However, a student loan doesn't come with an asset. In fact, in a post a few months ago we learned that sometimes they don't even come with the ability to earn a living. One guest poster I've had felt like his student loans were a mortgage he took out on his brain, and he just hoped no one would foreclose.
Unlike a mortgage, student loans don't go away in bankruptcy as we've already discussed.
Higher Interest Rate
Mortgage rates are lower than student loan rates. Mortgage rates are currently around 4%, but medical school student loans start at 6%.
Dave Ramsey, perhaps our nation's leading expert at getting people out of debt, makes a special exemption in his baby steps for a mortgage. The student loans get thrown in with the credit card loans and payday loans — to be paid off completely before you ever do anything with money except a $1000 emergency fund.
Interest Is Often Non-Deductible
Student loan interest isn't deductible to most practicing doctors—they make too much money. Even below the phaseout, your deductible interest is capped at just $2500/year. At 6%, that means your maximum deductible loan is just $42K. That's a rare doc getting out of medical school with such a tiny loan.
#5 Pay for Your Education While You Still Appreciate It
When you first get out of training, you're very grateful for all the time and money you invested. You are enjoying this awesome new income. It feels like money is coming out of your ears. Guess what? That feeling goes away after a while. And then that student loan burden just feels like a huge weight hanging over your head.
Get rid of it before the novelty of being an attending wears off. I frequently recommend living like a resident for 2-5 years out of residency. That allows you to get a jump start on retirement savings, pay off all your student loans, and even save up a down payment on your dream house.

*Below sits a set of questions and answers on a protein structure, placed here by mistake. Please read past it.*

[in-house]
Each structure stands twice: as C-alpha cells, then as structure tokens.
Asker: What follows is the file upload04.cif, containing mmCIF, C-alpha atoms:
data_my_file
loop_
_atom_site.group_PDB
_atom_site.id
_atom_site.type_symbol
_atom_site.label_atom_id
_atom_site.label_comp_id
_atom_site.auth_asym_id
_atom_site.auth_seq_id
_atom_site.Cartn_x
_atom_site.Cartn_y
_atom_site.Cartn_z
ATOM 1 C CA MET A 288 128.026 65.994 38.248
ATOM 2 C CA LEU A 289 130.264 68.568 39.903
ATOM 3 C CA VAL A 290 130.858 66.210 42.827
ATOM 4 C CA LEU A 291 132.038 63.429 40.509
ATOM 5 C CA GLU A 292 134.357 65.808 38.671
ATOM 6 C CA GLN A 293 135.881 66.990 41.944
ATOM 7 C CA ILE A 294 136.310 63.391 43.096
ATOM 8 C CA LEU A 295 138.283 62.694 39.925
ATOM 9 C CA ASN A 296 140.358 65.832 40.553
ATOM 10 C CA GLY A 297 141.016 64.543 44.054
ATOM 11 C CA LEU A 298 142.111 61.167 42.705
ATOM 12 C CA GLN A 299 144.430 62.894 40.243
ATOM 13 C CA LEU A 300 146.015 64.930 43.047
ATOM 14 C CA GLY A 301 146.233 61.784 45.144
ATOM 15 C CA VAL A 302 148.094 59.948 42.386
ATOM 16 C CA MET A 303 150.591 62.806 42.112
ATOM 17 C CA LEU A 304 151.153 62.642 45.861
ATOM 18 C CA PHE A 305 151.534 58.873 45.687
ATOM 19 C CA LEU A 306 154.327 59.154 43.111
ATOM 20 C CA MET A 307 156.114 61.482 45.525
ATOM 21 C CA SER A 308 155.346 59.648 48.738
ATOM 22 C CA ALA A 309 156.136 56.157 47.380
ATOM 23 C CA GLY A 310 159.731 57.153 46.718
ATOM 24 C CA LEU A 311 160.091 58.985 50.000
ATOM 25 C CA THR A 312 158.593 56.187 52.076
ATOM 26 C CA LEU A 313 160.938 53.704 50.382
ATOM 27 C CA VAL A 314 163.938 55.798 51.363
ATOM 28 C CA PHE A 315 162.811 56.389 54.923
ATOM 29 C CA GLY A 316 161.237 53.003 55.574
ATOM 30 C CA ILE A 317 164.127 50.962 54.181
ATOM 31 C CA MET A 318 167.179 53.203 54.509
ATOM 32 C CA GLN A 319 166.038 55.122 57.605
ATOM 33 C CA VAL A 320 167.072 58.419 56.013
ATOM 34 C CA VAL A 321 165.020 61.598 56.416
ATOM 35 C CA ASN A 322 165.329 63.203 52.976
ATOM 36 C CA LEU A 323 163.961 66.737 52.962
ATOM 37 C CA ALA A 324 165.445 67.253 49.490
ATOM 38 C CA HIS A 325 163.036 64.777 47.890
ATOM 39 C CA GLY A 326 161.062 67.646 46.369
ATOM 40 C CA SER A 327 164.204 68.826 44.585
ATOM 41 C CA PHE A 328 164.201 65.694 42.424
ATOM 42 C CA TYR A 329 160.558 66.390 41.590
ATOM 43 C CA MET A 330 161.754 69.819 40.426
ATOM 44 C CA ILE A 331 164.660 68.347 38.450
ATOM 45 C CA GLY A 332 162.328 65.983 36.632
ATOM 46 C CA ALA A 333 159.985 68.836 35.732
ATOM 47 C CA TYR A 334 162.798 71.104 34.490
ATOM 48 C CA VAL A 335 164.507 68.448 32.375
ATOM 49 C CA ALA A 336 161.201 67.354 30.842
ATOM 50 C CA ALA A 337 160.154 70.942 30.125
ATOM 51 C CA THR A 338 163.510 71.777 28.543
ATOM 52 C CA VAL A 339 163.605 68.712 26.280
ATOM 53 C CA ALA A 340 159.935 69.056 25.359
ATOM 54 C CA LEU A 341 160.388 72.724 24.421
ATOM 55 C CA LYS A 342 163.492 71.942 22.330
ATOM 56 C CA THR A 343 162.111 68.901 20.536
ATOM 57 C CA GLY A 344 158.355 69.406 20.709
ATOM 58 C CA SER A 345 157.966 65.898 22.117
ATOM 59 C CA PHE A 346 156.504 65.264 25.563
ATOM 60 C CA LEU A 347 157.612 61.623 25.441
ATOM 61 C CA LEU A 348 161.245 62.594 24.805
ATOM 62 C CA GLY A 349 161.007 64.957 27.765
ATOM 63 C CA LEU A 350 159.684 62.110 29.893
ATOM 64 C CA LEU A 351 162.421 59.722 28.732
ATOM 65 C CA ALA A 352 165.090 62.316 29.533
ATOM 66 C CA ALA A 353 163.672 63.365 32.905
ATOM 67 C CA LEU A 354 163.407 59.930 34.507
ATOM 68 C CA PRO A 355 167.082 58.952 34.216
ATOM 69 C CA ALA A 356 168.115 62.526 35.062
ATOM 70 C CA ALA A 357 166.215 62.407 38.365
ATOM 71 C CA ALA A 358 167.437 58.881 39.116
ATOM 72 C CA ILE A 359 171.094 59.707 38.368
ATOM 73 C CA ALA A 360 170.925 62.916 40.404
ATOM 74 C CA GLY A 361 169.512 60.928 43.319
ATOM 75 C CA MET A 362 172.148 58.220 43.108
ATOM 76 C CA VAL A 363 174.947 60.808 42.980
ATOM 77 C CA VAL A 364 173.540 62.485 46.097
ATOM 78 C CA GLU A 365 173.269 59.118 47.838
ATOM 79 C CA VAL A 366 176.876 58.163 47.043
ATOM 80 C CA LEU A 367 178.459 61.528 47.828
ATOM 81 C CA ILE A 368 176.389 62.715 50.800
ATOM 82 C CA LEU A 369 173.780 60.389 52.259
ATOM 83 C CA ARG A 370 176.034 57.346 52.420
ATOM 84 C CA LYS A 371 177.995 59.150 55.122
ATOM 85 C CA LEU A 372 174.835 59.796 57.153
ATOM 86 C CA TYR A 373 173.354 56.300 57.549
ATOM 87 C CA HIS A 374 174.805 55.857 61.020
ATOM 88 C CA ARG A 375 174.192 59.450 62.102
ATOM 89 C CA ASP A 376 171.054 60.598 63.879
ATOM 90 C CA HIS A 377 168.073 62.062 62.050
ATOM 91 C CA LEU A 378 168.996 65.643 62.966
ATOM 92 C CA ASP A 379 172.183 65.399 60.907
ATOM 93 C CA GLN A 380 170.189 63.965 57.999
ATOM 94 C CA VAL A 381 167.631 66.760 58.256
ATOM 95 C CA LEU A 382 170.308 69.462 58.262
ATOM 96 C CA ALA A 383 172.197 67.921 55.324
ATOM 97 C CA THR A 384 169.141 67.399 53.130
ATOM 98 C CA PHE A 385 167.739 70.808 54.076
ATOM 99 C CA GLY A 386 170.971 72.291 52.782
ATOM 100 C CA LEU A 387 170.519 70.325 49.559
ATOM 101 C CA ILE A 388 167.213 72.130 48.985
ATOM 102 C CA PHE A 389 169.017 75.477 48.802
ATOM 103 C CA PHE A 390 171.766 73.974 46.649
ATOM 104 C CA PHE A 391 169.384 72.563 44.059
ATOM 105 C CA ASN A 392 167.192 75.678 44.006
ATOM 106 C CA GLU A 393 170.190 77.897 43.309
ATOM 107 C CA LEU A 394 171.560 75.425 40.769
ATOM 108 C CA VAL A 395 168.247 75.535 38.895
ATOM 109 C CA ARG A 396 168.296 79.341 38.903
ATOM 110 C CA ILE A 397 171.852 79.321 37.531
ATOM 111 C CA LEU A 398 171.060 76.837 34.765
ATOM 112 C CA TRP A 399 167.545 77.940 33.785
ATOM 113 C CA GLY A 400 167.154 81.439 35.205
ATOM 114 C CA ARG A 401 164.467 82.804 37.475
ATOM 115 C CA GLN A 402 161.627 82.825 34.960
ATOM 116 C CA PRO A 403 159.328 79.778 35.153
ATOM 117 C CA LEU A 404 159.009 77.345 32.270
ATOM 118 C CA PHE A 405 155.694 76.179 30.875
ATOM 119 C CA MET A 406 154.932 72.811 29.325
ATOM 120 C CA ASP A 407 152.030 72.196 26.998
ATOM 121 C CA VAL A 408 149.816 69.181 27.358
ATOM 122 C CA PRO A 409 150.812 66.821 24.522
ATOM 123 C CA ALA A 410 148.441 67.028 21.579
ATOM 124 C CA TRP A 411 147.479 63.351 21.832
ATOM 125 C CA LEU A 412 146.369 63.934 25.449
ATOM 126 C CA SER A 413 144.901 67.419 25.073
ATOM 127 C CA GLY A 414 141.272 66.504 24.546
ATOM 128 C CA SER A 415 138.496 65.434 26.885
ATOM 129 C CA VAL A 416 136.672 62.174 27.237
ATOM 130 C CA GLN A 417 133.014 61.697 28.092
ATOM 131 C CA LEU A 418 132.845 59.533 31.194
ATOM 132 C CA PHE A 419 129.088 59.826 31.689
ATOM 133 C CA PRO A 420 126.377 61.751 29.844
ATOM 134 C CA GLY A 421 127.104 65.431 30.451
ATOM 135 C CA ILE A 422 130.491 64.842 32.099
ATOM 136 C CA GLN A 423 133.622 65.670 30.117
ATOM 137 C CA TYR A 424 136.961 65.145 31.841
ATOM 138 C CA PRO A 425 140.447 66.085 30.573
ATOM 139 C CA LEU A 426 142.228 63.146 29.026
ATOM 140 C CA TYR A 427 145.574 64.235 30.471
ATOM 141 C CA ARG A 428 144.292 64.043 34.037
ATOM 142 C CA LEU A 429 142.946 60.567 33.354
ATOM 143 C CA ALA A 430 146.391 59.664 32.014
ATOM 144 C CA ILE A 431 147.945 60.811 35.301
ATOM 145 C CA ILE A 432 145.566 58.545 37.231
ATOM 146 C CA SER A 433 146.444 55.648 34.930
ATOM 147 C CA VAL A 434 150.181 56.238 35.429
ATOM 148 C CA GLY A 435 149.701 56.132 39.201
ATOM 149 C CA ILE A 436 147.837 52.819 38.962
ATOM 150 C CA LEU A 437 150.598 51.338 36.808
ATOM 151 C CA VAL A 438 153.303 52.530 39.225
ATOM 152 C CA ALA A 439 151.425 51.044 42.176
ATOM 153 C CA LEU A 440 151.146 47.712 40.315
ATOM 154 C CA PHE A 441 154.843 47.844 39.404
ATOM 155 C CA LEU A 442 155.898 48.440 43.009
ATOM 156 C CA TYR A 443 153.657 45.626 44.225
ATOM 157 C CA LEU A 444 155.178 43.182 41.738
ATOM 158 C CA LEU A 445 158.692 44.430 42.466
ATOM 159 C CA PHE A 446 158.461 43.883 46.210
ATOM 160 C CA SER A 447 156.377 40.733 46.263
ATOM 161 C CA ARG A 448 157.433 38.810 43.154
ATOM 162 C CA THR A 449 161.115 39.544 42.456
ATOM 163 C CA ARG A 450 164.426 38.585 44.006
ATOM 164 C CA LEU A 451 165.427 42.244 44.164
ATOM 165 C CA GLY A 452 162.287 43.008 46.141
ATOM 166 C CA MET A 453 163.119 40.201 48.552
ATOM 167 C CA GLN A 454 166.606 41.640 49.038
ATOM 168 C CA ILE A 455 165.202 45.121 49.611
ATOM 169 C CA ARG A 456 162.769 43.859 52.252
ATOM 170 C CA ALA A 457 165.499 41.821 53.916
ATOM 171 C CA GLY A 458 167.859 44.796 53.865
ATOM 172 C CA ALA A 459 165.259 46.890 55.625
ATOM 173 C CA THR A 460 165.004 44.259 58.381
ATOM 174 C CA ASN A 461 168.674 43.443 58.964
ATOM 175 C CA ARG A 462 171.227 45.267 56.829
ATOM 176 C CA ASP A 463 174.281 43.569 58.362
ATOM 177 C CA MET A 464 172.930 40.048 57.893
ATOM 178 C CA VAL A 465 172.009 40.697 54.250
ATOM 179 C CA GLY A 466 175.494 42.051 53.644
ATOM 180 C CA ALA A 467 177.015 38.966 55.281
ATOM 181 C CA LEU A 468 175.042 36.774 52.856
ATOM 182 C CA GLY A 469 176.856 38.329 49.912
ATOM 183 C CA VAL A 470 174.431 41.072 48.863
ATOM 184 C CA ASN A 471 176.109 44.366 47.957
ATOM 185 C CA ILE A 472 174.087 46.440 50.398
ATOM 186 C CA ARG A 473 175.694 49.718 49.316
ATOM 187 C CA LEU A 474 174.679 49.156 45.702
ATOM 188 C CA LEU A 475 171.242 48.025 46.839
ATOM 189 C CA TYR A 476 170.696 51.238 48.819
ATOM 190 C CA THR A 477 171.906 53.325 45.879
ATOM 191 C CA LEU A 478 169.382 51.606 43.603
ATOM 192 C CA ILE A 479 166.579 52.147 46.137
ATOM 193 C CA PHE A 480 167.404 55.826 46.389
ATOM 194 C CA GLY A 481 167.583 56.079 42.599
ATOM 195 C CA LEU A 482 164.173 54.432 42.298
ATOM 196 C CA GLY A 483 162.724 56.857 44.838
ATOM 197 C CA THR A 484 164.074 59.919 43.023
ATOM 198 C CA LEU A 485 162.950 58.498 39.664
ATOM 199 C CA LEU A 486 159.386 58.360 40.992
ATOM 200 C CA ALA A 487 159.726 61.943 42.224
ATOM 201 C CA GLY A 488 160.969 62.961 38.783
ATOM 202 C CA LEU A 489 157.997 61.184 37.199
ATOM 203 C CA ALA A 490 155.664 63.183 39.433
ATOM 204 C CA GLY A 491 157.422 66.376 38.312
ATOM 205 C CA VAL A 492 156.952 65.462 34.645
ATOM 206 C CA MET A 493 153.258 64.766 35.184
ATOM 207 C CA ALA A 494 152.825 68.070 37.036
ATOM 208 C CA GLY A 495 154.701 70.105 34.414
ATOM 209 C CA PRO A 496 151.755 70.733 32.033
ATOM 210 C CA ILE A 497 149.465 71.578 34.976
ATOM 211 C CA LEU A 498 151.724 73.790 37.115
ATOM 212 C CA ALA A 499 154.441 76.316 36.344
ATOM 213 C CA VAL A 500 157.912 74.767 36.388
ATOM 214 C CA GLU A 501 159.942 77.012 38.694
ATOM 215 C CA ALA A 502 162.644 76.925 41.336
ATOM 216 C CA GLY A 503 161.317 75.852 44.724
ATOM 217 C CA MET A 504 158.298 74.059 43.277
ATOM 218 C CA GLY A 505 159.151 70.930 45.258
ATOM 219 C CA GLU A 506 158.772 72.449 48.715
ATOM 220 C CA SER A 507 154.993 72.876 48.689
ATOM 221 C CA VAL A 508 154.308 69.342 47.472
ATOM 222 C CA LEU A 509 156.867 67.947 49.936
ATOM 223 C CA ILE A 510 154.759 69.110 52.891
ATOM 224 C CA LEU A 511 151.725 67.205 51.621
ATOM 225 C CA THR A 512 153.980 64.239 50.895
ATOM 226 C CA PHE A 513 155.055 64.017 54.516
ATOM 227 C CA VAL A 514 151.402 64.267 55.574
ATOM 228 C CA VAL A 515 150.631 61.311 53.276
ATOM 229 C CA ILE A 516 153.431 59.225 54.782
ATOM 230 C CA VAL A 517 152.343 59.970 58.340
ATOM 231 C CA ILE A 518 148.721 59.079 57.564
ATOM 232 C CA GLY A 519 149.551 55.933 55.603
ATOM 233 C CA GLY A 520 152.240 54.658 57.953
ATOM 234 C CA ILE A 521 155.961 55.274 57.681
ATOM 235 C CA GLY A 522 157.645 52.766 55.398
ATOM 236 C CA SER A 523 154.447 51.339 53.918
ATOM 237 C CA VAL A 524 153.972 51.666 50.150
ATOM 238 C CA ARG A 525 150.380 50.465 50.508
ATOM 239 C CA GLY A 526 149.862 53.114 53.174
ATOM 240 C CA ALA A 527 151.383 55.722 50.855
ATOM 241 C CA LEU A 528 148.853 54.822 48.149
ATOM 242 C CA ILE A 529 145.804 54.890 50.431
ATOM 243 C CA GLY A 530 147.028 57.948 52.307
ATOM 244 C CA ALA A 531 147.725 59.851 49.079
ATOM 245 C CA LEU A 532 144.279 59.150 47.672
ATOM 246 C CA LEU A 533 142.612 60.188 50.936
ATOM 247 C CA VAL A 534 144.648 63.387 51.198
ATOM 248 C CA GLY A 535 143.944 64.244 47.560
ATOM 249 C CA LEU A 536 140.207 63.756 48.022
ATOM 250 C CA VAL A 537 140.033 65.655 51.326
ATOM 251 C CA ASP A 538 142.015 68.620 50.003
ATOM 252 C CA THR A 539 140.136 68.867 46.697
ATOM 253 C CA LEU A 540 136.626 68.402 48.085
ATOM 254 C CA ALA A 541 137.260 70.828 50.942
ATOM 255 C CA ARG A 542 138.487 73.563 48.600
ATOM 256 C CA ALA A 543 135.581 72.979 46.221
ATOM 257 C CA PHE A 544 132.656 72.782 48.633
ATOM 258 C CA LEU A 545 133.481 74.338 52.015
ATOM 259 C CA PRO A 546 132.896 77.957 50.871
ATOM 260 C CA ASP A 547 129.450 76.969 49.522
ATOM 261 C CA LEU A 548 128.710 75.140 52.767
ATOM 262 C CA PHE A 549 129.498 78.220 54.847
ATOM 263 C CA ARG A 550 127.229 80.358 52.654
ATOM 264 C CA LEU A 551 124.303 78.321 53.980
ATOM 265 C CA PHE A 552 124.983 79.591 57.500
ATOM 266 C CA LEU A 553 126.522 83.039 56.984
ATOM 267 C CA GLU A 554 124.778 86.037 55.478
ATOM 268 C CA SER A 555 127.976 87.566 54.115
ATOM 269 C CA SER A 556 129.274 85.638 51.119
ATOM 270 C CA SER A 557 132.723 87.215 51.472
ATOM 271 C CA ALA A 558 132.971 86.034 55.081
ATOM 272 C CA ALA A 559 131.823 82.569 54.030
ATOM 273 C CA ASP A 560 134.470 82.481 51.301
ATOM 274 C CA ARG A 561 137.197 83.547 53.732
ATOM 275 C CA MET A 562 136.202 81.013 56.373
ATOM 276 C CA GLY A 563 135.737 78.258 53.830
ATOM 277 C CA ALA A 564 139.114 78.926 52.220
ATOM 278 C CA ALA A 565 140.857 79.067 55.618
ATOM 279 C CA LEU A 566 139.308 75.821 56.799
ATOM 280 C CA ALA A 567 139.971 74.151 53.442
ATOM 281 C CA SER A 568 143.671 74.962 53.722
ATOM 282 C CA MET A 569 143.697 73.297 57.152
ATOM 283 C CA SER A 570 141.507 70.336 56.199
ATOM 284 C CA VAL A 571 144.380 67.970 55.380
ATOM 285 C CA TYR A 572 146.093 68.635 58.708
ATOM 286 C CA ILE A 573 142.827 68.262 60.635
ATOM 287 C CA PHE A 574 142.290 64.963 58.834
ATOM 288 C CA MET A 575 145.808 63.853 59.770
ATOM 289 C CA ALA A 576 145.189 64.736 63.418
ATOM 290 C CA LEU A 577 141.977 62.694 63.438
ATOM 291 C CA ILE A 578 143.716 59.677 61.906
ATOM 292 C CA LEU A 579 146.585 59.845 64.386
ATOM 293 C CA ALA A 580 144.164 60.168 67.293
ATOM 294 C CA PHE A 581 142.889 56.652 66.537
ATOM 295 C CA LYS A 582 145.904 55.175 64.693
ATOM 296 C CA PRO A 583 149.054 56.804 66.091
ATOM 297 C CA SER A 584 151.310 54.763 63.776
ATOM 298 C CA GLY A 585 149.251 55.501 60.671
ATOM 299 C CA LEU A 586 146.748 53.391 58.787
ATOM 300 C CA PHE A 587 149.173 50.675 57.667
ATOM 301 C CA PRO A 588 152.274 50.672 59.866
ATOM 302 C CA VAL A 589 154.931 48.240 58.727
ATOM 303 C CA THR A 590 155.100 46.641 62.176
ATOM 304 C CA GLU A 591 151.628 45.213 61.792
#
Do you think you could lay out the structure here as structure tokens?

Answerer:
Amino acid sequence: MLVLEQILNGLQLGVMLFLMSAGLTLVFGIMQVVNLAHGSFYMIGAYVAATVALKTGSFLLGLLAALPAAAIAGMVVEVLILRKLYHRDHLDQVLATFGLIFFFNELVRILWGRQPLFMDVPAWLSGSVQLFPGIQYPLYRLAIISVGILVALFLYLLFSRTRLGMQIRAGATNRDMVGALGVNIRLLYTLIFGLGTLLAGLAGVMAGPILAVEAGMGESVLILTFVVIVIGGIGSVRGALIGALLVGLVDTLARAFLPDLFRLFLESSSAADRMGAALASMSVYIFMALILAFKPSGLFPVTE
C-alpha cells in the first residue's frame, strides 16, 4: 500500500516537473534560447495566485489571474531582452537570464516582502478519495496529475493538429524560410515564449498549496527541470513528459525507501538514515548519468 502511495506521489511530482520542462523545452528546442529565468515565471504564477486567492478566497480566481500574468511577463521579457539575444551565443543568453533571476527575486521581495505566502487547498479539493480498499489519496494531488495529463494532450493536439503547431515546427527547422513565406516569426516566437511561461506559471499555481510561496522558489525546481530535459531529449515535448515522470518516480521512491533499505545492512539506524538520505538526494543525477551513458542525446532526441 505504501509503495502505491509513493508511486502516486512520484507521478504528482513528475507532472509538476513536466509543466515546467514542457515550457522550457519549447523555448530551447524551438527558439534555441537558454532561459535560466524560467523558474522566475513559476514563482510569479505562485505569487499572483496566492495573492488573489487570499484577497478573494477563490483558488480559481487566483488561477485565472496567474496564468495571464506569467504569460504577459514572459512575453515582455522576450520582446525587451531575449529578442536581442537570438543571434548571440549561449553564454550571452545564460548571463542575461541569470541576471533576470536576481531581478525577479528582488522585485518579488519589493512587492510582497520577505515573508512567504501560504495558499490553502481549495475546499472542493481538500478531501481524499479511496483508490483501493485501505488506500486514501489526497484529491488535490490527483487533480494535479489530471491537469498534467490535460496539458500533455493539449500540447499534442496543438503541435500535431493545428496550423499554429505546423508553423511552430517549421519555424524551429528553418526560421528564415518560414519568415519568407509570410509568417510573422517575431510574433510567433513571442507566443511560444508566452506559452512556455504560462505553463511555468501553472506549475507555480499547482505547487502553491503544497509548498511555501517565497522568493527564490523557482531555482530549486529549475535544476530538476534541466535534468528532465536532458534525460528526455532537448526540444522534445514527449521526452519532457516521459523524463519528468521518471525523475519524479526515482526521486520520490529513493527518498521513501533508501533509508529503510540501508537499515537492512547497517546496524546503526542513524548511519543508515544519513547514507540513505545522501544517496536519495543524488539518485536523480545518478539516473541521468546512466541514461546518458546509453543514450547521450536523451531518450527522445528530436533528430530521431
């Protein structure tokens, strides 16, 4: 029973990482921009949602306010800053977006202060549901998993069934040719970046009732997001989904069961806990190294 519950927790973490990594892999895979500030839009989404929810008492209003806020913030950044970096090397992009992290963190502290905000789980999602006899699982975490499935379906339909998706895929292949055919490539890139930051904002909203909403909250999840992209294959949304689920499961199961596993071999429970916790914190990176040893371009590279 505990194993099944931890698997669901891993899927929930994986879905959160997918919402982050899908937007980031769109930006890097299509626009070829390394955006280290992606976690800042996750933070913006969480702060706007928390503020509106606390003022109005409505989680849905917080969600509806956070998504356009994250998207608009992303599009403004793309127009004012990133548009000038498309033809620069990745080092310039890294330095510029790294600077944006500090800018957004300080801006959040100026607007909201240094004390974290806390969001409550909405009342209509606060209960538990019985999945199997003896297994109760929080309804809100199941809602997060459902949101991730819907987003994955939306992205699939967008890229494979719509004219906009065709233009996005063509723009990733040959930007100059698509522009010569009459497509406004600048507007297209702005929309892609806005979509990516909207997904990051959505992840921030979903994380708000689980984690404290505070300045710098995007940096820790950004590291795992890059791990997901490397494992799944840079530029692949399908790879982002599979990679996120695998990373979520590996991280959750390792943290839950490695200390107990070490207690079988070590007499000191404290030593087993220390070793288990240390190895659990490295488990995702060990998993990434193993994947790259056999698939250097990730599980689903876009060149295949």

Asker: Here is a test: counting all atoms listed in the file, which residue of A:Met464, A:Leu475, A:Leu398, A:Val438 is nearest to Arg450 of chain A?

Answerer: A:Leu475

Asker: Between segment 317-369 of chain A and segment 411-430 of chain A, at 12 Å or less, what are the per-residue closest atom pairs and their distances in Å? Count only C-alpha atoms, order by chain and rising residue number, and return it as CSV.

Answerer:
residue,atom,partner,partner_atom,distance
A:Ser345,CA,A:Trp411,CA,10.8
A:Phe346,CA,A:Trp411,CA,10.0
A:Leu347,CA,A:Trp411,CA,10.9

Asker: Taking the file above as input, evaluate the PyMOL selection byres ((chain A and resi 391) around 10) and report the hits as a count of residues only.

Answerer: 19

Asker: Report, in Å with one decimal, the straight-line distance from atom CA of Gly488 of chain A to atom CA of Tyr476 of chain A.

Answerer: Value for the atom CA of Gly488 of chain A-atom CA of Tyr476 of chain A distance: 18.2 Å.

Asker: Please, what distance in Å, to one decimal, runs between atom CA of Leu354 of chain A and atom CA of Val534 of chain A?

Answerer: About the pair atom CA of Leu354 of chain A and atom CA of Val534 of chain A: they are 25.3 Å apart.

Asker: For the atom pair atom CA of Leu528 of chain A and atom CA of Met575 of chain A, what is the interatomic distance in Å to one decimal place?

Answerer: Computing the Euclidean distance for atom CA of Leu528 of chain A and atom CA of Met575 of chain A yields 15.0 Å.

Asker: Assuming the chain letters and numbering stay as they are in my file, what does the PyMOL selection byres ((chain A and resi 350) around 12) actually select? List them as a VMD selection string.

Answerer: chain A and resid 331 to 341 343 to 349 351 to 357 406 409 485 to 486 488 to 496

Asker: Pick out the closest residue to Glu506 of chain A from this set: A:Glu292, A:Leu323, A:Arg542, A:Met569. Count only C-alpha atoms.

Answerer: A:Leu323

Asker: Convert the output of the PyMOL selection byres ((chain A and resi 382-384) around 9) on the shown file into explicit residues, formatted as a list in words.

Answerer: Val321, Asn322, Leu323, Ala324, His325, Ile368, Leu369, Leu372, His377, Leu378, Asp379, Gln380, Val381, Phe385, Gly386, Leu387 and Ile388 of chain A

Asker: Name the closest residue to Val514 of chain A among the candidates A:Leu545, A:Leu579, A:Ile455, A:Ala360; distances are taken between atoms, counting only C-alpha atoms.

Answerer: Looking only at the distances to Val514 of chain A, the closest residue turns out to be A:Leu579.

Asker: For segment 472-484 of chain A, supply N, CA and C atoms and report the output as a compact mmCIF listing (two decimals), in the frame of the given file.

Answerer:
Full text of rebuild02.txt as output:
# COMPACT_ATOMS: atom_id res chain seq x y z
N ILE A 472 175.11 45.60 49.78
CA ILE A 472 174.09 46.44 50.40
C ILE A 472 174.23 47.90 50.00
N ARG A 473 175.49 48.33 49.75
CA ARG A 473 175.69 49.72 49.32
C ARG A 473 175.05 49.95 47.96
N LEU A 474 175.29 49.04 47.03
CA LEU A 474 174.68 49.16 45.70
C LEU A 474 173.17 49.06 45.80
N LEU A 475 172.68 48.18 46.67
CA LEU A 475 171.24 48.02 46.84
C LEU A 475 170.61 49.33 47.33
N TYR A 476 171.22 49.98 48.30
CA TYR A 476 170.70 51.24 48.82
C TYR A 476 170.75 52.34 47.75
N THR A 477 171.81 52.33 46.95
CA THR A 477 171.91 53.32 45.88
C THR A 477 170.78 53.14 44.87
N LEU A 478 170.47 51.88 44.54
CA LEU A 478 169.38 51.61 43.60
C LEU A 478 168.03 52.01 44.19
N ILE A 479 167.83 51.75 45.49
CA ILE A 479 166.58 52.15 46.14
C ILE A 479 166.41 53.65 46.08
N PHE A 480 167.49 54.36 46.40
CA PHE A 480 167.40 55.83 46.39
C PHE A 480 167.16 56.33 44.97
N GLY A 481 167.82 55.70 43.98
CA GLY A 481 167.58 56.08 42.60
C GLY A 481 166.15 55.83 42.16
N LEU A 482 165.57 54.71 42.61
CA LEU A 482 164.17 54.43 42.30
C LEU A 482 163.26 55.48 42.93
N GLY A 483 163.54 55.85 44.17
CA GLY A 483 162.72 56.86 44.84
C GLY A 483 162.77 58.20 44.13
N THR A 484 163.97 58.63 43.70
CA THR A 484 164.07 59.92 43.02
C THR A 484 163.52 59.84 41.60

#6 Paying Down Loans Builds Wealth Too
A typical doc may come out of residency with a net worth of -$250K. Net worth is your assets minus your debts, everything you own minus everything you owe. Getting rid of debt boosts your assets just as much as acquiring assets. A dollar of debt paid down is exactly as good as a dollar invested. The investing vs paying down loans discussion can be complicated, but just realize that both paying off debt and investing are good things to do with your money. If you live like a resident, you can probably do both just fine.
#7 Allows You to Carry Less Disability Insurance
Consider a doc with a $4000 per month student loan payment. In order to be able to cover that, as well as support her lifestyle, she needs a disability benefit that is $4,000 higher than it would otherwise have to be. That costs ~ 5% * $4,000, or $200 per month. That's $2400 a year she could be investing or even spending. That effectively boosts the return on that “investment.” I'd say the same thing about life insurance, but most student loans go away at death. If yours don't, add that benefit in too.